Telkwa School’s Farm to School grant was used to start up a fruit leather making project. We are a small school with just over 100 students from mixed rural and town families. We live in a part of the province which has frost from October to May (read that as WINTER for 5 months!)
For us, there is a very small window of time (late May to early September) to be involved with a local farm. There is no commercial farmer who produces fruit for sale. We had planned to go out to local residents and harvest the fruit with the help of the students, but in actuality, the fruit came to us.
We used apples, rhubarb, Saskatoon berries and strawberries which grow very well in the area. Parents and staff donated already picked fruit from this past summer’s abundant crop. Many people in the area try desperately to get rid of their apples before they become an attractant to the local bear population. There is often a struggle between humans and bears as we live in a forested region, so it is a benefit to the community to have a purpose for picking their extra apples.
During the summer of 2015, we purchased our basic start up supplies, including two large industrial sized dehydrators. In the fall, we had a blitz with parent volunteers and the students working to make the fruit sauce. This took several days of coring, chopping, cooking and blending the fruit into puree. It was a challenge to get the fruit processed into sauce in a timely manner. Many of the apples donated were too small to core easily so it was a slow process. Some of the apples had started to spoil after being stored at room temperature as we couldn’t keep up with our donated supply which came all at once.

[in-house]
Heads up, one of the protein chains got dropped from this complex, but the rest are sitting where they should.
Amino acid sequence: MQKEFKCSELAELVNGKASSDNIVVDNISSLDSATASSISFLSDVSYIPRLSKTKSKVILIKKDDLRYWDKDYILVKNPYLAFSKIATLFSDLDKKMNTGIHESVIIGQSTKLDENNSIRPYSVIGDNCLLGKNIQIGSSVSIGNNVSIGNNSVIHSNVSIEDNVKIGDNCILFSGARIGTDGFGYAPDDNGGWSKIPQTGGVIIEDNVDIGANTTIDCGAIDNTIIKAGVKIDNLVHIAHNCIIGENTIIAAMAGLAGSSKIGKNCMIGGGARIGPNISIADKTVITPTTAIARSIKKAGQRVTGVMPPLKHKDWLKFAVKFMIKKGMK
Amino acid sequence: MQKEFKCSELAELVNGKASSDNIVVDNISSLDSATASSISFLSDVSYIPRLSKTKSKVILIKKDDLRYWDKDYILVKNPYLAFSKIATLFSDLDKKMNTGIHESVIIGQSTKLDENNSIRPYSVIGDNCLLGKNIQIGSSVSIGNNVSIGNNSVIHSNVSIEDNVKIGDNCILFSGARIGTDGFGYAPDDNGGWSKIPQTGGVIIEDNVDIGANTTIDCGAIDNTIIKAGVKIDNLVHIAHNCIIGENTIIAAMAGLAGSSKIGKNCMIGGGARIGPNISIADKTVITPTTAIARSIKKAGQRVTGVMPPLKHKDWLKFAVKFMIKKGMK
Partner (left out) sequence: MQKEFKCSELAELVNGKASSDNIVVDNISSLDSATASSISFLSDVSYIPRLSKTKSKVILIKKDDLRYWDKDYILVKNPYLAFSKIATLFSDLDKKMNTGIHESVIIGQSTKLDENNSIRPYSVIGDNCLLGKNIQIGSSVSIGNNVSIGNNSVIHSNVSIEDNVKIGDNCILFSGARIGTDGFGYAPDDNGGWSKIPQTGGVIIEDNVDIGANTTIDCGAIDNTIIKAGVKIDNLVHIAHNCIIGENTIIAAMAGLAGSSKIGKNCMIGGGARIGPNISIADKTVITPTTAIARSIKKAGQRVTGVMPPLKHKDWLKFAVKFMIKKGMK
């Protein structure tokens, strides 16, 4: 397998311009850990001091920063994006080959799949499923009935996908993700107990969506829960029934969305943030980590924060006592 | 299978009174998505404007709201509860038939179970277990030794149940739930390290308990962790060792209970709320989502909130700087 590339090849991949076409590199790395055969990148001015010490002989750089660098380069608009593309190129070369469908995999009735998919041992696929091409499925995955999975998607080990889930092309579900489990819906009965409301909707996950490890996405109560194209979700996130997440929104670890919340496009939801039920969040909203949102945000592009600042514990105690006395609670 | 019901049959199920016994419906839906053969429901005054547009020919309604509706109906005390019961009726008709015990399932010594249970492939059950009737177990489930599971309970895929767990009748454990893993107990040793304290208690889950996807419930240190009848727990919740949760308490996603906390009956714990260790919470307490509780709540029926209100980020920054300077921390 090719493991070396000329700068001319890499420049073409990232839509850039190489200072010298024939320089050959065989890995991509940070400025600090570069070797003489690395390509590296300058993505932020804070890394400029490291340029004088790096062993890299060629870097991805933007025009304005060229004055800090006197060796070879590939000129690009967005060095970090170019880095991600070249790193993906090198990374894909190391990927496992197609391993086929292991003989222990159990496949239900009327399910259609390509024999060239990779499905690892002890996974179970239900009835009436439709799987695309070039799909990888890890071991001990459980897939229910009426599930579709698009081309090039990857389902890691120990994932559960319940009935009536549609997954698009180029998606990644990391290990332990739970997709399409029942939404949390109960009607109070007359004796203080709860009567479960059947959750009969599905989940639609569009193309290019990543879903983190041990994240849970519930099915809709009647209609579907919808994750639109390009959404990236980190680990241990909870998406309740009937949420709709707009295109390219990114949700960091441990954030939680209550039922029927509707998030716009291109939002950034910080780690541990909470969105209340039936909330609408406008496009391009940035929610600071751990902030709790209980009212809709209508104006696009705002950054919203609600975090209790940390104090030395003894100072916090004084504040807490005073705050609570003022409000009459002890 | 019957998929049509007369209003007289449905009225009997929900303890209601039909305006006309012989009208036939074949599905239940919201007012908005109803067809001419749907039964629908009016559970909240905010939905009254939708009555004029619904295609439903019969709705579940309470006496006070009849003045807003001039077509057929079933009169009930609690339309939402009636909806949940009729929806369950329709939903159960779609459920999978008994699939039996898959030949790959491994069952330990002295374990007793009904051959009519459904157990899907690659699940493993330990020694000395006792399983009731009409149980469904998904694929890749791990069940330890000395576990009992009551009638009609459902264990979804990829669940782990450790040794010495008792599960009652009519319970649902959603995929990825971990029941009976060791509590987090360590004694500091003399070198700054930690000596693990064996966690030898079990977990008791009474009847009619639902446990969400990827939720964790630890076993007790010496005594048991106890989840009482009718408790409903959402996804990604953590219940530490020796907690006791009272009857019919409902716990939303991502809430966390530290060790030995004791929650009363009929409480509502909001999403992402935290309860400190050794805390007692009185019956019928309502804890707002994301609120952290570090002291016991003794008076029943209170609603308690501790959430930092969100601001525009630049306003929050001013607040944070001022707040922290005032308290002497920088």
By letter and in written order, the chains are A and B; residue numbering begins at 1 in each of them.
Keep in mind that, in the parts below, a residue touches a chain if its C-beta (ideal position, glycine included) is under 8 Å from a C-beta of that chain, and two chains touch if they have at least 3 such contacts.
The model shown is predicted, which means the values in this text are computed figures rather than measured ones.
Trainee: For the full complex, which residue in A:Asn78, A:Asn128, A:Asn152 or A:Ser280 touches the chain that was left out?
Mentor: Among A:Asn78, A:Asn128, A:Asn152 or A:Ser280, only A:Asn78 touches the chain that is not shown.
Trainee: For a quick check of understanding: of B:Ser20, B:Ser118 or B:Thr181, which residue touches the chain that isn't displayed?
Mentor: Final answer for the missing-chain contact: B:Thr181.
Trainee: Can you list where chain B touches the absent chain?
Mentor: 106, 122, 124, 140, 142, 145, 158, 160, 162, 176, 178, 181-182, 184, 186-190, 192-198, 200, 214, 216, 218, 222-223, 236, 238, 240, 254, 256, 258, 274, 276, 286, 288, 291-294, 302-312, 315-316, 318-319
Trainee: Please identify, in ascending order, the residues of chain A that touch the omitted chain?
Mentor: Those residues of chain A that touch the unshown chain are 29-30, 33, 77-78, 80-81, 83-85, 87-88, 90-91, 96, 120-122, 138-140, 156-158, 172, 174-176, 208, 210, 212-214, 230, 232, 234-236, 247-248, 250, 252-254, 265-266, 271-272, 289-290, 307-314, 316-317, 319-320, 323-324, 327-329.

We have recently purchased a fridge to support the Farm to School project so that we can properly store the fruit next September while waiting to get it all processed. Our recipe was dependent on the sourness of the apples and what donated fruit we received. We used cinnamon for flavour, never sugar. We also did one batch with extra ripe pears that we had left over from the Fruit and Vegetable School Program. Some batches used Saskatoon berries to make it a wonderful colour. We used rhubarb because often people grow plenty, but can’t use it all. It also adds colour and a tangy flavour to the fruit leather.
As we made the fruit sauce, most of it went into the freezer for later thawing, spreading and dehydrating throughout the school year. The dehydrators worked very well, but they could only take about ½ c of puree on each of the 18 mats we have. The drying takes about 8-10 hours depending on the thickness that it is spread. It is easy to peel the fruit leather off the mats. It is then cut and rolled into what looks like fruit rollups, and stored in sealed containers.
The fruit leather is served to all the students in the school as part of our ongoing breakfast program, when a healthy snack is offered to all students to start their day. Students were delighted to be able to eat the fruit leather. The students were enthusiastic about the whole process and surprised how wonderful the fruit leather tasted. We emphasized the “no sugar added” healthiness of it. All the students in the school have had multiple chances to be part of the process at every stage.
We would love to make this project self-sustaining for many years to come by producing the fruit right at the school. We are planning to purchase and plant 6 apple trees from a local nursery. We hired a local landscape architect to help us with what kinds, where and how to plant the apple trees in the school yard. We have planted strawberry plants in the school garden this spring. There is a delay on planting the apple trees until the spring, because the district’s maintenance department will not be able to approve the location for the trees until the fall. The trees will be ordered this fall and won’t arrive until the spring. We are looking forward to this exciting addition to our school grounds which will make it a much more attractive place for the whole community.